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I hope this question is not too general. I would like to make this table: Popular Woodworking Stool http://www.popularwoodworking.com/article/moravian-stool-2

It mentions the dimensions : 1-5⁄8″ square at the top and 1″ at the bottom. One thing I was wondering is how legs are typically made? Do I find some larger square block of wood and cut it down? Or can I laminate some longer thinner pieces, since a 1-5/8 inch thick board is not easy to come by.

If I do laminate the boards, is there a straightforward way to then round one end (the top end) into a circle (so it can slide into the holes drilled in the stool top)? Something like a huge pencil sharpener maybe?

Thanks for any suggestions.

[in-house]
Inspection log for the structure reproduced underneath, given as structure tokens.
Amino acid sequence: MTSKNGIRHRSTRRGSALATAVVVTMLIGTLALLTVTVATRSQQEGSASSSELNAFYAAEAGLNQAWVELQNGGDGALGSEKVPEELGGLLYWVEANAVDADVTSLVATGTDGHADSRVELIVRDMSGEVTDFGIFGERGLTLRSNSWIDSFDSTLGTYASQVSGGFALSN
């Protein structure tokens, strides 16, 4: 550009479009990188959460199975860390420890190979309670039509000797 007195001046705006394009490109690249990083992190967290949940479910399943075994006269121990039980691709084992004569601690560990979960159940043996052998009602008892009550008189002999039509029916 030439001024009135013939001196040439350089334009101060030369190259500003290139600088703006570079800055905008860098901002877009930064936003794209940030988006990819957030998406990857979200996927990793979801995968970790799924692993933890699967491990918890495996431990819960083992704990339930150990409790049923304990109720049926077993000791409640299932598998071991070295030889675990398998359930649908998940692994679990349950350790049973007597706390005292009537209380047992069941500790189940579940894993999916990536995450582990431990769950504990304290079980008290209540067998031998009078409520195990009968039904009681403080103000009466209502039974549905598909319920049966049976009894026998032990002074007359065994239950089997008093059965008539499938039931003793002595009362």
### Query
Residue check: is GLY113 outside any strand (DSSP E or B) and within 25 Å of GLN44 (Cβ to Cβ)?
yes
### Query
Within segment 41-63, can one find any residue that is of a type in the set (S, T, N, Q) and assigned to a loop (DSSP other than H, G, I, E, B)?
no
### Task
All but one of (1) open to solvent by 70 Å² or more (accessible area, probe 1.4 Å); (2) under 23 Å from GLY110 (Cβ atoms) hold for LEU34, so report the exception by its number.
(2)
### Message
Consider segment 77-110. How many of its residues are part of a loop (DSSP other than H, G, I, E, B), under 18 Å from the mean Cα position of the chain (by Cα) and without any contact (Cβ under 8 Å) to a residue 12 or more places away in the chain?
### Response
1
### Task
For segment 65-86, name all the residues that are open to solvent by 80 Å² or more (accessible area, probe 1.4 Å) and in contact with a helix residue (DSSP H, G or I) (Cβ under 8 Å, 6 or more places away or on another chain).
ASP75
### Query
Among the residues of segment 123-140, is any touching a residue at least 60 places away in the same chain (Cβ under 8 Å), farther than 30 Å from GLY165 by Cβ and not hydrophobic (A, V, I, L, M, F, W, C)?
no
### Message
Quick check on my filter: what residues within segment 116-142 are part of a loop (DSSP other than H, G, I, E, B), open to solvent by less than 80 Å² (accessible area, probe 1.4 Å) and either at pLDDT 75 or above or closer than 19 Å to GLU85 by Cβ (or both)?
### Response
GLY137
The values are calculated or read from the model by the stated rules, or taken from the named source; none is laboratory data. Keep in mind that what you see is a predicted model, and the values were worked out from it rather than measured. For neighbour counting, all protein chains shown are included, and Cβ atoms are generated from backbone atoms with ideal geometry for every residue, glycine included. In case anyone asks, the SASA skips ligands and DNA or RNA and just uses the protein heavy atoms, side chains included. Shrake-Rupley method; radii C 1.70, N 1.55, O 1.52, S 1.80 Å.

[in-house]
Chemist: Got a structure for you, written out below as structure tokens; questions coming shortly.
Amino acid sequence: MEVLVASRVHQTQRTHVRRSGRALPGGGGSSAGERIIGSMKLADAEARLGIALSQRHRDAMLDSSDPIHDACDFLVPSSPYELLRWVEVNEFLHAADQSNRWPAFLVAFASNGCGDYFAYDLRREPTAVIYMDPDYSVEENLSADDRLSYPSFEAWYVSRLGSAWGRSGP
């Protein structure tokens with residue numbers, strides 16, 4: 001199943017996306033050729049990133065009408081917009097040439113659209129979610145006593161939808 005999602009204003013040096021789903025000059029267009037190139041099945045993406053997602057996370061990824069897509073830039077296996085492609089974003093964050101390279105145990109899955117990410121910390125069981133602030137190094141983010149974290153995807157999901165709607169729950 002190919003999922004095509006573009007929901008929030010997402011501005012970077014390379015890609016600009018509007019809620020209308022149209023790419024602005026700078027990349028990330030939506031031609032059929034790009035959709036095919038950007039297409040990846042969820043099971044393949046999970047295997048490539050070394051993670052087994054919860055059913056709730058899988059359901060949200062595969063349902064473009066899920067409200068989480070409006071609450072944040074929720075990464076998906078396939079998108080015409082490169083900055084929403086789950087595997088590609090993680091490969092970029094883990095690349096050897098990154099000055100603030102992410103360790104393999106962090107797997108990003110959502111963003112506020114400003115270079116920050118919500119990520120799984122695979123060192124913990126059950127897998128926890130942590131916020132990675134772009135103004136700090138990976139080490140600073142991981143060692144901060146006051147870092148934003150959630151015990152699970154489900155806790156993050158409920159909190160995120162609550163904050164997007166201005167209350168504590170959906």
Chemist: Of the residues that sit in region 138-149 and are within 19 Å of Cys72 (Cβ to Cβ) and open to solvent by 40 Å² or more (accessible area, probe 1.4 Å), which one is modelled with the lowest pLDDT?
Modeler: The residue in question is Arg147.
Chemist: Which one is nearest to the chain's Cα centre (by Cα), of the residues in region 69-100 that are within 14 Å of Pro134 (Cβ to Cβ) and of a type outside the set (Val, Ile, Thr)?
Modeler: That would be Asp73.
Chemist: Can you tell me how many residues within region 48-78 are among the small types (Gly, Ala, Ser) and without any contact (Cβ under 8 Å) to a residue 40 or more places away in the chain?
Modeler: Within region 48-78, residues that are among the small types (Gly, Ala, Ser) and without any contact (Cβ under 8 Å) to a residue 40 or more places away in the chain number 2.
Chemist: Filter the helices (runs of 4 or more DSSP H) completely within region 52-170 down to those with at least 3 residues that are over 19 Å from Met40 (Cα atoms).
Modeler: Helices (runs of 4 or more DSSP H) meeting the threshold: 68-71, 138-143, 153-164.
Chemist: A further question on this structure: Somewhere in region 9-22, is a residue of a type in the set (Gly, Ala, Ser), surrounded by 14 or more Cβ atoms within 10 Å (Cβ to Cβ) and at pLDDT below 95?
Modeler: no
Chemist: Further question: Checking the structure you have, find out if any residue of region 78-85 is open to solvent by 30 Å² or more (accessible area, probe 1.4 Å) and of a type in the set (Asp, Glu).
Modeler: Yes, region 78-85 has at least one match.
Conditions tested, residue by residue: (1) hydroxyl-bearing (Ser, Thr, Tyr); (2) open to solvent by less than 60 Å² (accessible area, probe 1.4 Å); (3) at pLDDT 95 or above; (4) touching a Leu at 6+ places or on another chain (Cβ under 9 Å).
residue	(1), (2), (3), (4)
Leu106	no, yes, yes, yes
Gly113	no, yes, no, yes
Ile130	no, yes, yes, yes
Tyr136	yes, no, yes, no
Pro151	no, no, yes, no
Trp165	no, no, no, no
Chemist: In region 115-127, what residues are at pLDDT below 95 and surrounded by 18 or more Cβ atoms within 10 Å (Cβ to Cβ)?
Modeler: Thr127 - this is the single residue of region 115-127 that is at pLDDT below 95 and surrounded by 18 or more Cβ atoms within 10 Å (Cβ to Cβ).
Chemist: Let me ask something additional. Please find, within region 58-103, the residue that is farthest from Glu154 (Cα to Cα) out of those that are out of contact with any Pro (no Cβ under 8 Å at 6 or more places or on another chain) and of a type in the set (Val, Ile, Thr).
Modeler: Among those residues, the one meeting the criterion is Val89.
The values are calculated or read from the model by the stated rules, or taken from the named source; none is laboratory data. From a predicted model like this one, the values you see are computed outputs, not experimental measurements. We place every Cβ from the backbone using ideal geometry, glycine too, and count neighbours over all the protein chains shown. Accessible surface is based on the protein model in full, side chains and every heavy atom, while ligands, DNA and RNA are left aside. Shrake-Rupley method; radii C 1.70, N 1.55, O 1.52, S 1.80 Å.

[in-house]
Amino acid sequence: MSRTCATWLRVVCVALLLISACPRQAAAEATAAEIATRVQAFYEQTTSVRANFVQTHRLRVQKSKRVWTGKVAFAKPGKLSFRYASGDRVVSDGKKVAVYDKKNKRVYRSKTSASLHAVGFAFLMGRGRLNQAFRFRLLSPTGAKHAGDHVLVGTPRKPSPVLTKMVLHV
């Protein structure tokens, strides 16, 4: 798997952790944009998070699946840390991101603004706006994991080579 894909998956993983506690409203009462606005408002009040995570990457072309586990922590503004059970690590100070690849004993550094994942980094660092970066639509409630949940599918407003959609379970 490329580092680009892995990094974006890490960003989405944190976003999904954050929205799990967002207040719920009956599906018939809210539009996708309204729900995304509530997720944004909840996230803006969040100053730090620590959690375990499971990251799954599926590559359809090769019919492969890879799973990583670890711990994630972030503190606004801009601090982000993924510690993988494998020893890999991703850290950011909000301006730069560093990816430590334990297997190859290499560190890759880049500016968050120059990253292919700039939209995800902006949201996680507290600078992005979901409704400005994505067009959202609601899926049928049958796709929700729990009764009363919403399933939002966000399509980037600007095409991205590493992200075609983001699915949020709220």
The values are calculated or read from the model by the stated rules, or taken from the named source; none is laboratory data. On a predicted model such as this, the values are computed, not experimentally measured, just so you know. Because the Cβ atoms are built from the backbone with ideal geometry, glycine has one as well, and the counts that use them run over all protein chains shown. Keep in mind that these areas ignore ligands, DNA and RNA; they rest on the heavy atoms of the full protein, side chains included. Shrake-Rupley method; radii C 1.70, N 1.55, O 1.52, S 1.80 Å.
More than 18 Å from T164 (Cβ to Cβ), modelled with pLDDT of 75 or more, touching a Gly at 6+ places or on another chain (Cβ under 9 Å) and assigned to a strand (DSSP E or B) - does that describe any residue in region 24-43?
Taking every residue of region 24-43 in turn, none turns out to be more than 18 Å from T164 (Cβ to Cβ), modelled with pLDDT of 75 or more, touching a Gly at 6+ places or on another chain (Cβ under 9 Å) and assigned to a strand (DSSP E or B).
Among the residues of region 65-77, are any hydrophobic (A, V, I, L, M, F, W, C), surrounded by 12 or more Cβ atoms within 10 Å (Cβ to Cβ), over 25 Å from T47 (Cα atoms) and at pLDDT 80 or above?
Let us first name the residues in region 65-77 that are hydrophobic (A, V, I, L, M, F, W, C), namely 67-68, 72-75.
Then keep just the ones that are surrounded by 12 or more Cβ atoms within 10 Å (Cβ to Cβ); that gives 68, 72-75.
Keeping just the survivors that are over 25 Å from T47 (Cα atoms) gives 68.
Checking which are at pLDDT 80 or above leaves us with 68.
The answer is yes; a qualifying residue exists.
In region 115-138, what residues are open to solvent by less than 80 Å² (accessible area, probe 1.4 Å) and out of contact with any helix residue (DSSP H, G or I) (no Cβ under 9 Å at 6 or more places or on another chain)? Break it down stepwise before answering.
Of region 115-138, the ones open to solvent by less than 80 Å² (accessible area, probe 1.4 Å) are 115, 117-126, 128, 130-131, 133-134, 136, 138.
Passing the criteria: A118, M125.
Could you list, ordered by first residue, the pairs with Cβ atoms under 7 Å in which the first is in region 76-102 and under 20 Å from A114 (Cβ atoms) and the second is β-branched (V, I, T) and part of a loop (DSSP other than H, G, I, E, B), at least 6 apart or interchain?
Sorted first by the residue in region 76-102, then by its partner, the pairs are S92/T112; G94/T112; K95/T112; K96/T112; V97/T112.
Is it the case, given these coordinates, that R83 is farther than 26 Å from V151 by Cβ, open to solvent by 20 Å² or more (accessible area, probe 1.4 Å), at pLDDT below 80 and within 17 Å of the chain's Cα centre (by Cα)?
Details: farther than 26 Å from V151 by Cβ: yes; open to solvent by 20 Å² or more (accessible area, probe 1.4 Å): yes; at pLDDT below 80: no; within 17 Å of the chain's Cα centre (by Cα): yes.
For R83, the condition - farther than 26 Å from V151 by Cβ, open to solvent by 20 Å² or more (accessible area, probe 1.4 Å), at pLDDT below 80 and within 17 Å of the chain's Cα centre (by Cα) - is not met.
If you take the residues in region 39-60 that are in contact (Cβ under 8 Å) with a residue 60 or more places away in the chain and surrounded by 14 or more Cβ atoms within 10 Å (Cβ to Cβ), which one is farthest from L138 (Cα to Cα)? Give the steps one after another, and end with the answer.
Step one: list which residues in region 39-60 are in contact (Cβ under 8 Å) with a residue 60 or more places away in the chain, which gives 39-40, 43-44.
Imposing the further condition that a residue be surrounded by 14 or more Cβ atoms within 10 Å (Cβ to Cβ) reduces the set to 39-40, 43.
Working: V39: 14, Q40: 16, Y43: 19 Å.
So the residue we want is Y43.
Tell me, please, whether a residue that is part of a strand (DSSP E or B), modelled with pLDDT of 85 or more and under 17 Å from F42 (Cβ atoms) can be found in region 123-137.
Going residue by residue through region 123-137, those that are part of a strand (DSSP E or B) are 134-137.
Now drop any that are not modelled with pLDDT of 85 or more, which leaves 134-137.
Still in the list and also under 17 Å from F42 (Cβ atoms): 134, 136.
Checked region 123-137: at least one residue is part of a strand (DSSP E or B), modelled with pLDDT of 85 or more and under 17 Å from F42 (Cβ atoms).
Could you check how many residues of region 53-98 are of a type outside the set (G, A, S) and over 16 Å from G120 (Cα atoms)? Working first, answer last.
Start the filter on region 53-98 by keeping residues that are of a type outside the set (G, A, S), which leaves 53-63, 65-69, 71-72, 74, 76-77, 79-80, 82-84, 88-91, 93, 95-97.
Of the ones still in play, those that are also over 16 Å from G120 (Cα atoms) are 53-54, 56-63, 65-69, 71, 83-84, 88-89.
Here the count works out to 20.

• You could cut all four legs from one piece of 4 x 4 nominal stock. Do you have a stationary saw (i.e. table, band, radial arm)? Which? – bpedit Feb 21 '17 at 21:39
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    8/4 stock from a good hardwood supplier will yield 1-5/8". You could laminate thinner stock, but you'll have to be sure of your surface prep and glue-up, since this is load-bearing. "Veritas® Power Tenon Cutters" are the machine to 'pencil sharpen' the top, but you'd want to be building a lot of these to justify the pricetag of the tool. (Much cheaper to just have at it with a chisel.) – Aloysius Defenestrate Feb 21 '17 at 21:59
  • What shop power and hand tools do you have? – Ashlar Feb 22 '17 at 2:36